• Vampires work this way on Buffy the Vampire Slayer. Older vampires become stronger, tougher, and more demonic in appearance, and may pick up other powers, like Dracula's tricks. When Spike is first introduced Giles initially dismisses him as a big threat when he discovers Spike is scarcely over 100 years old (shortly after he discovers Spike's full history and reconsiders). Kakistos was noted as being an extremely old vampire and thus a bigger threat. His age meant he had lost most traces of a human appearance and a standard size stake wouldn't do the job, so Faith had to use a two-by-four to finish him. The Master was another vampire old enough to have stopped looking human, and had somehow gained the power to open the Hellmouth.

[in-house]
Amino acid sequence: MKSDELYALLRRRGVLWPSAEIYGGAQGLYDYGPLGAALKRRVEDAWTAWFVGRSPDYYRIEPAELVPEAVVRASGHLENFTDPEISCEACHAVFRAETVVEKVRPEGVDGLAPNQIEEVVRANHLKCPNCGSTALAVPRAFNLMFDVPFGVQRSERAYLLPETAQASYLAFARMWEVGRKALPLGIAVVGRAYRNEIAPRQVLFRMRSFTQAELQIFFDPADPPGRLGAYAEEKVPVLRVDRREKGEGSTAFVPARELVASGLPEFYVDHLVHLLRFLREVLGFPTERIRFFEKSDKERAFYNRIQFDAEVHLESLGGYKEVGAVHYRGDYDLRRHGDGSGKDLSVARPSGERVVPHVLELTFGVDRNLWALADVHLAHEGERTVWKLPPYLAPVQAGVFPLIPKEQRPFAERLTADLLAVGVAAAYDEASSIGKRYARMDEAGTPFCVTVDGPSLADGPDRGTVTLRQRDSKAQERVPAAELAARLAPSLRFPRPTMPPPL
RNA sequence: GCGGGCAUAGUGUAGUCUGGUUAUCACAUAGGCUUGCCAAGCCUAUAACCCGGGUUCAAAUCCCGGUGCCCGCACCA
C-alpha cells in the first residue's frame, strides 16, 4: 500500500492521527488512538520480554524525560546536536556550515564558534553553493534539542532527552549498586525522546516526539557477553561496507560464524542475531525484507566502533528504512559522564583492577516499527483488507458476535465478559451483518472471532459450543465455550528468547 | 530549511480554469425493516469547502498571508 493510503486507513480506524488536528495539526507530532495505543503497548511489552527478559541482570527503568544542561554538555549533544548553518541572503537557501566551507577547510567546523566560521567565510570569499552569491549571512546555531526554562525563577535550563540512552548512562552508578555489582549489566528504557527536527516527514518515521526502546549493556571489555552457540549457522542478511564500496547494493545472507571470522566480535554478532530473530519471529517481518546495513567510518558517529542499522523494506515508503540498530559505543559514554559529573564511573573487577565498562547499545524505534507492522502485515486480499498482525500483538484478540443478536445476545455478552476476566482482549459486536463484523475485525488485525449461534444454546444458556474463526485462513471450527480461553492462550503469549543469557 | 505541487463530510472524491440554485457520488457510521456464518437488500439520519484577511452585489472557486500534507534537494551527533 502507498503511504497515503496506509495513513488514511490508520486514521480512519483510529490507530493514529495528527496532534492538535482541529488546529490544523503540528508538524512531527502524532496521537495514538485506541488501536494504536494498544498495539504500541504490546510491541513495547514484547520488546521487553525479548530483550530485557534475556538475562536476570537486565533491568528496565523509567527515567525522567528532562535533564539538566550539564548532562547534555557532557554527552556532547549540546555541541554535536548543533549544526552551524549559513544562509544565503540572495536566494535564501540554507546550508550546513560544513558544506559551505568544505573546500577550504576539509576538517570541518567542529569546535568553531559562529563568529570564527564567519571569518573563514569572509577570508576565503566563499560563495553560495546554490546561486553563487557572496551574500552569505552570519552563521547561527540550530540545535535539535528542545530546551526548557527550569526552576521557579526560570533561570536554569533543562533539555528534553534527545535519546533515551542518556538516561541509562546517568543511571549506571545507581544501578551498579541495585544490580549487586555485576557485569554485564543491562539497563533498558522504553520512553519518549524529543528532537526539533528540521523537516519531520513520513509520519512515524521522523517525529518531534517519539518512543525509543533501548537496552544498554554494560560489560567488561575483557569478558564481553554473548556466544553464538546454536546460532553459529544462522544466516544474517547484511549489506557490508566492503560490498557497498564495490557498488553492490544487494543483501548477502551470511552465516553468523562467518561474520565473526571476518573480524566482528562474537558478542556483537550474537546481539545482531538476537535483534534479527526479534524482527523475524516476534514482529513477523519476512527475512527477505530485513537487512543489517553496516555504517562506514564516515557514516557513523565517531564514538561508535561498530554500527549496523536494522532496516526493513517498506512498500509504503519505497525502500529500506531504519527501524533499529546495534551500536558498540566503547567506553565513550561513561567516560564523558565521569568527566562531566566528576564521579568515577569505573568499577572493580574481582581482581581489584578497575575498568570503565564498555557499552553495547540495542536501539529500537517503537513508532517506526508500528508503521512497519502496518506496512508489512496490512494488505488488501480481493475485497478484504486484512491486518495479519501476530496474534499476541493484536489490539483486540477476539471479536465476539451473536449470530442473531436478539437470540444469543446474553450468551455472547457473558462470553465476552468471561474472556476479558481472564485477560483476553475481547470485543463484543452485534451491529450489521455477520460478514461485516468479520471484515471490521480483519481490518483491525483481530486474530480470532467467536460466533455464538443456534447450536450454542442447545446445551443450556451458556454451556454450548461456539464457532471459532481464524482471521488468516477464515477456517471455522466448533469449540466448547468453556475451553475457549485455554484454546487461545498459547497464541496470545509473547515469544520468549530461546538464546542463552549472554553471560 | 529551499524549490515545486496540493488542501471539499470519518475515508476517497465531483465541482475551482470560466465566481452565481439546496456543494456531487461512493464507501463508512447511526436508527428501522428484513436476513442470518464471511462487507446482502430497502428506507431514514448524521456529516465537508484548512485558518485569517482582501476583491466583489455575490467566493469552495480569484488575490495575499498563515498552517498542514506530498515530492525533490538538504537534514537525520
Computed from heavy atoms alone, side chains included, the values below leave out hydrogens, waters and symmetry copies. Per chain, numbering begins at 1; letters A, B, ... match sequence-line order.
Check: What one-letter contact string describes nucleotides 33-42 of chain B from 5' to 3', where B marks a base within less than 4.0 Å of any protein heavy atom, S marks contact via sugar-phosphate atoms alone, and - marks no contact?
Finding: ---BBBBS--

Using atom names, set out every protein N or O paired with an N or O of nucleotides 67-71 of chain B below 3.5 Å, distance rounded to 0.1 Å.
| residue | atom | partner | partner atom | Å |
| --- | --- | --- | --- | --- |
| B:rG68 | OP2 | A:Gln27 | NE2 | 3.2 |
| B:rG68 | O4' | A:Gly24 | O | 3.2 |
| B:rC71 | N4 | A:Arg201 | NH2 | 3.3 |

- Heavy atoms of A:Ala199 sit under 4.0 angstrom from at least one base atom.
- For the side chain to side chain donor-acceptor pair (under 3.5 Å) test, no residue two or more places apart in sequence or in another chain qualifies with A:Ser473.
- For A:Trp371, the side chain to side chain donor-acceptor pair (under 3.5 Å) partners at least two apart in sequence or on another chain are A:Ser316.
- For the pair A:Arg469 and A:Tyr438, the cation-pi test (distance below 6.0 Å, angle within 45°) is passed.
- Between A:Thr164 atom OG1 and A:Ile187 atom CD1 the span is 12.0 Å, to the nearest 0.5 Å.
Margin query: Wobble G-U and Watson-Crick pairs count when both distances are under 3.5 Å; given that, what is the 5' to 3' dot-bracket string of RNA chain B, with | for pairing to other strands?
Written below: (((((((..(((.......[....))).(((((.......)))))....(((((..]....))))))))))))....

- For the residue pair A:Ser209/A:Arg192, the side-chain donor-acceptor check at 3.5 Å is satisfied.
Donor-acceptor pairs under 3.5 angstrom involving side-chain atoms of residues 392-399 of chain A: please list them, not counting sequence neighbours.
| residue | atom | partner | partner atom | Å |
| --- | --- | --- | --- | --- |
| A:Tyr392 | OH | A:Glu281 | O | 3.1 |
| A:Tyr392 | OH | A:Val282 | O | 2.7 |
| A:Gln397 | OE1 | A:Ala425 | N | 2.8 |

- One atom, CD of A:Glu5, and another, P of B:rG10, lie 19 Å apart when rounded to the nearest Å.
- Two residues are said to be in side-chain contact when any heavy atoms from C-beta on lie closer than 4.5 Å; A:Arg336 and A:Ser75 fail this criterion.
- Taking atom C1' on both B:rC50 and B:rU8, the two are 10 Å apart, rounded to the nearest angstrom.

• Rather casually subverted however in the spin-off Angel, in which the title character in a flashback meets an incredibly old vampire known only as the Prince of Lies, who despite his markedly inhuman appearance is killed as easily as any other vampire.
  • In Moonlight, Mick senses (or rather smells) that Lance is very old, who further reinforces this by jumping from a tall building (impressing even Mick) and surviving being burned (any part of a vampire that touches fire is normally instantly turned to ash).
    • Coraline also somehow survived being trapped in a burning building and could move with a stake in her chest, which is normally impossible.
    • By contrast, the 700-year-old Lola was pretty handily defeated by Mick, despite being able to move much faster than him.
  • In The Vampire Diaries vampires all become stronger as they age, although the difference can be overcome through numbers, surprise, anti-vampire weaponry, or other tactics. The oldest of them, the Originals, get a whole bunch of nifty powers and are next to impossible to kill. When they did manage to take one down, he would only remain dead as long as the magical knife that killed him wasn't removed, and his body remained indestructible.